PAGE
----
Can Otterbein Keep Ohio in the Pool B Biz?
For a long time, Ohio was the land of Pool B. The programs in the North Coast Athletic Conference gobbled up the independent bids at an alarming rate by utilizing their above average schedules and talented rosters. That's all over now, with the NCAC finally joining the Pool A/C party this spring.
But the Buckeye state is not completely devoid of Pool B hopefuls.
The nascent Ohio Athletic Conference, which will have three full varsity programs in 2013 and six in 2014, has the potential to fill the vacuum in the near future. The best candidate to give it a run this spring?
Located in Westerville, Ohio, Otterbein is the most mature men's lacrosse program out of all the schools in the state and could feasibly be in the running for one of the yet to be determined number of independent bids.
"We're not living in fantasyland, but we don't want to sell ourselves short," said Colin Hartnett, Otterbein's head coach, about the program's prospects in 2013.
For the first time in program history, the Cardinals will have four-year seniors on the roster. Established in 2010, Otterbein has made steady improvement – 4-11 in '10, 7-10 in '11 and 9-6 last spring – and now the next step could be to join the hunt for the postseason with an experienced group that has a clearer path to the NCAAs.
"We've got some guys who have been with us for three and four years that are going to be a big factor in how we're going to do this year," said Hartnett.
The Cardinals lose just one starter off last year's edition, and return senior Andrew Donatelli (18g, 12a) and junior Mikey O'Neil (23g, 20a) on attack, which should be the deepest unit in '13. The midfield corps, paced by Jeff Reese (14g, 4a) and Pat Teynor (7g, 4a), will continue to be a sum of its parts. Hartnett says "we don't have one player who outshines the others."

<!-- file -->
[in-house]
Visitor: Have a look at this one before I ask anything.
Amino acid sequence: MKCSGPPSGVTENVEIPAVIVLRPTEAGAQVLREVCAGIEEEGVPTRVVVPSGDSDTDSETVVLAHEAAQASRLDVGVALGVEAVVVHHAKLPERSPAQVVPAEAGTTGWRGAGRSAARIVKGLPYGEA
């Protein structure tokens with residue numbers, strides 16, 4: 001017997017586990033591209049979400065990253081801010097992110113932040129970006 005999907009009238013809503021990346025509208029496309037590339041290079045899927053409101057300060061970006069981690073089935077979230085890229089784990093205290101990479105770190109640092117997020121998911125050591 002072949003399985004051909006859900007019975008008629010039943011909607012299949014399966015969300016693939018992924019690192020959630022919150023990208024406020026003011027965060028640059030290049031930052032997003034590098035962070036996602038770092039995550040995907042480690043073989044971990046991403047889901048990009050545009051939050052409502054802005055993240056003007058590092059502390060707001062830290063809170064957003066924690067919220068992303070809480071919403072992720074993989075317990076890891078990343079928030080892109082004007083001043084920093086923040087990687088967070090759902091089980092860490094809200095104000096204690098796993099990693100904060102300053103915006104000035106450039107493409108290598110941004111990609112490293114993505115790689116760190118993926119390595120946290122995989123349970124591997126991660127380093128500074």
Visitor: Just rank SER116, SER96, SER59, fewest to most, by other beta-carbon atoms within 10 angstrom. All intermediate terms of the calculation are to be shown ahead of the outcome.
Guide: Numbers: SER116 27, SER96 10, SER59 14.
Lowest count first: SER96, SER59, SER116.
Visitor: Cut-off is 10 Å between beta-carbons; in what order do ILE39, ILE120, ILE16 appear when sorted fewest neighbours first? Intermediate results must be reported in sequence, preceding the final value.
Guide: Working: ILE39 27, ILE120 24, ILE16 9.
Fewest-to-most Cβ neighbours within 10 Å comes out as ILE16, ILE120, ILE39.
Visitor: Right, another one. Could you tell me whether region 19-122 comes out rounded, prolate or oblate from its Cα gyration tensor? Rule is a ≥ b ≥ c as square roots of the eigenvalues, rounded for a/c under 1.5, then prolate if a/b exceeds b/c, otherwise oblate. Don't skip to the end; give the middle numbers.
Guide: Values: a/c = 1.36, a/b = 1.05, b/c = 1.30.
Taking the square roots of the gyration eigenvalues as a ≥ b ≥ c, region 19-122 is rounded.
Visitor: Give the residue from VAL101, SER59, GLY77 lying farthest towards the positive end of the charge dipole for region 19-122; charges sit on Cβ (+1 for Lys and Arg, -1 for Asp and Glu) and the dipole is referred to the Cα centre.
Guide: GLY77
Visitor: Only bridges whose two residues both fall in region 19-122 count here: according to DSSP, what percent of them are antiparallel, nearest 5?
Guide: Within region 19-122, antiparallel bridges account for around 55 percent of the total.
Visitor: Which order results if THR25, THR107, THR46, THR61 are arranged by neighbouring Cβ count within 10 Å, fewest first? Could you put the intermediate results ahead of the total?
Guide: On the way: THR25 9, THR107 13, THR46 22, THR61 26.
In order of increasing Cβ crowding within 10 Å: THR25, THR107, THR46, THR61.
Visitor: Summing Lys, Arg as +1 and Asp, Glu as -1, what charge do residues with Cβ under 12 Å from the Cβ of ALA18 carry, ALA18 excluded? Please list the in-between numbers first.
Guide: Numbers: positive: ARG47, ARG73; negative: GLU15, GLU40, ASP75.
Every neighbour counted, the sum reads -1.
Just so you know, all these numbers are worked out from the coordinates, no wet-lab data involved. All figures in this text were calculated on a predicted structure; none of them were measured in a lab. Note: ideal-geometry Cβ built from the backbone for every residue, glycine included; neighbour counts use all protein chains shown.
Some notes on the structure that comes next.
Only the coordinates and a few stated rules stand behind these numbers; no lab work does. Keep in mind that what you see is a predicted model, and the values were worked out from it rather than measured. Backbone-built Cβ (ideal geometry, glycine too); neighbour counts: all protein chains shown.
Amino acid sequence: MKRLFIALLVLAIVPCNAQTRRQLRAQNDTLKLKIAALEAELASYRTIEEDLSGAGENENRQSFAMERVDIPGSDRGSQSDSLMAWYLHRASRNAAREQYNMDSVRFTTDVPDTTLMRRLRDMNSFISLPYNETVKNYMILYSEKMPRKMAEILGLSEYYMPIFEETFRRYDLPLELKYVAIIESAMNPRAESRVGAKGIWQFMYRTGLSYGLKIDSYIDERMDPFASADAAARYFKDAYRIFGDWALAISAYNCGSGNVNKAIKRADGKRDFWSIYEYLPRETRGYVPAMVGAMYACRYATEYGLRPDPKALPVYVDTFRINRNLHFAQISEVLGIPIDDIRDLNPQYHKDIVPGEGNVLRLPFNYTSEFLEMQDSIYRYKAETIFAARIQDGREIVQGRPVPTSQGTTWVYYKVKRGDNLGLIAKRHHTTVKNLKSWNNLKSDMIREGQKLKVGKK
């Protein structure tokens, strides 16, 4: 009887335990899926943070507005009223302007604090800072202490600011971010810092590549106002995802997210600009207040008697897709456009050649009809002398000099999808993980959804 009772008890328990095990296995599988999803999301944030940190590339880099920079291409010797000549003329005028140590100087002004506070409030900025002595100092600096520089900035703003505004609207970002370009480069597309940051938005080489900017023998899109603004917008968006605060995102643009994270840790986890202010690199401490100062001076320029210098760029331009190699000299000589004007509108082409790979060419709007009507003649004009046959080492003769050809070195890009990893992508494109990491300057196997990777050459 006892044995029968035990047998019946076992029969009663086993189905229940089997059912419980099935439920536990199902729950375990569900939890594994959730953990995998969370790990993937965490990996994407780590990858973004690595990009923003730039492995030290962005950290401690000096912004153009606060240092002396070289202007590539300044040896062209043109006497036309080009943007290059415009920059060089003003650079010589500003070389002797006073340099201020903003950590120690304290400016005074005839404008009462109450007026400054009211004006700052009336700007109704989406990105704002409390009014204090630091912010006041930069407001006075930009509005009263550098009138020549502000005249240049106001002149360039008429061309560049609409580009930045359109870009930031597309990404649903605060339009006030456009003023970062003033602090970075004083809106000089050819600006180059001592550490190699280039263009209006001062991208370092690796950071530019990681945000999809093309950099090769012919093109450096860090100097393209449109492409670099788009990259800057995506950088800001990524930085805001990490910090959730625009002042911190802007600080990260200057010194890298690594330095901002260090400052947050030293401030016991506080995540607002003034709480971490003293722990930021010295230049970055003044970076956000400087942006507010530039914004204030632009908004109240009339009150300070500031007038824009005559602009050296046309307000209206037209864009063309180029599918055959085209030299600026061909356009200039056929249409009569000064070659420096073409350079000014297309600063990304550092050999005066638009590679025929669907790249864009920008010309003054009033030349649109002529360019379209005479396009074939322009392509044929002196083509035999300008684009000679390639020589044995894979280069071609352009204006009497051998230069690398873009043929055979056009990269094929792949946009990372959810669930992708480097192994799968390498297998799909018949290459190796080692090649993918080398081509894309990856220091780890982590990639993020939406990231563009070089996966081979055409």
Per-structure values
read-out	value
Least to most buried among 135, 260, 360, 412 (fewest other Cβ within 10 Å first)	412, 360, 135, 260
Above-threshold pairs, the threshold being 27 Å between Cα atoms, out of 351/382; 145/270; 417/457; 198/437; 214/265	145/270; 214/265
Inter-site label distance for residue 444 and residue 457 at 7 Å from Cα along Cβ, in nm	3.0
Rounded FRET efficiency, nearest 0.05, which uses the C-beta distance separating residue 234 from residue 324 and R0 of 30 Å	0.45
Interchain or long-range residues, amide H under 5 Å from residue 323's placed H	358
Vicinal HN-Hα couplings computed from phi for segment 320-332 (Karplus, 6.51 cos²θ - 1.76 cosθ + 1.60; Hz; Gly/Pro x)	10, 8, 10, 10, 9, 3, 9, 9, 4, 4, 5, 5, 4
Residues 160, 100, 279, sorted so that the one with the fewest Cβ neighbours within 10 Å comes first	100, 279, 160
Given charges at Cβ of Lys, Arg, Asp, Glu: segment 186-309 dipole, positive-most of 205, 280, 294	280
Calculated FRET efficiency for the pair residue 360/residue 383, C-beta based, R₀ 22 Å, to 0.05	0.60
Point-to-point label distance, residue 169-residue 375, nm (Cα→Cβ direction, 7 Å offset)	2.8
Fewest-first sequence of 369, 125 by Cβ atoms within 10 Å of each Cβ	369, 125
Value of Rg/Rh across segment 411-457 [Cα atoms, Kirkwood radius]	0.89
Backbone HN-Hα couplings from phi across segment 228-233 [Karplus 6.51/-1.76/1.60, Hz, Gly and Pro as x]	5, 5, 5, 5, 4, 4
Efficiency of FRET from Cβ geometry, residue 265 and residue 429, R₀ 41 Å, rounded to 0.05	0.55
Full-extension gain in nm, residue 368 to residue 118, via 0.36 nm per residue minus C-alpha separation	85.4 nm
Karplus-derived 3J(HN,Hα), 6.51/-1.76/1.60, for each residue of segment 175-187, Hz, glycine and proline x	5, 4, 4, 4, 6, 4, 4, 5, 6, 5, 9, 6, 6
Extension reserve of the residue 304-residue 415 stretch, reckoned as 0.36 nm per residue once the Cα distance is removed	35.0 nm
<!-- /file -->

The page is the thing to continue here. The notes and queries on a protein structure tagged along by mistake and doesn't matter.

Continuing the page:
The defense returns just about everyone, and Otterbein has four goalies returning who saw action last year.
As the NCAC showed, competing in Pool B is as much about scheduling as anything else. This might be where Otterbein has its biggest advantage. The Cardinals are playing four NCAC teams, including Ohio Wesleyan and Wittenberg, which will help the RPI, but will also be playing many of the teams they will grapple with for the Pool B bids.
Hartnett is bringing his club down to play independents Ferrum and Greensboro before traveling to St. Vincent and hosting Whittier. If they can sweep those games – and keep their record at .500 or better – the Cardinals should be in the driver's seat. Winning tough games on the road will be key in achieving the latter.
Last year, five of Otterbein's six losses came away from Westerville. Can that be changed?
"We hope so," Hartnett said. "Hopefully a little more age and being a little older and a little smarter and a little better will push us over the top in games like that."
Like the NCAC before them, the Pool B days for the OAC schools may be numbered. With Mount Union and Wilmington joining Otterbein this spring, and then Baldwin-Wallace, Capital and John Carroll coming online in 2014, the league is just one school away from garnering an AQ. With four institutions currently without the sport – Heidelberg, Marietta, Muskingum and Ohio Northern – the odds are pretty good in the near future.
"I hear rumors," said Hartnett.
It will be only then that Ohio will no longer be in the Pool B business.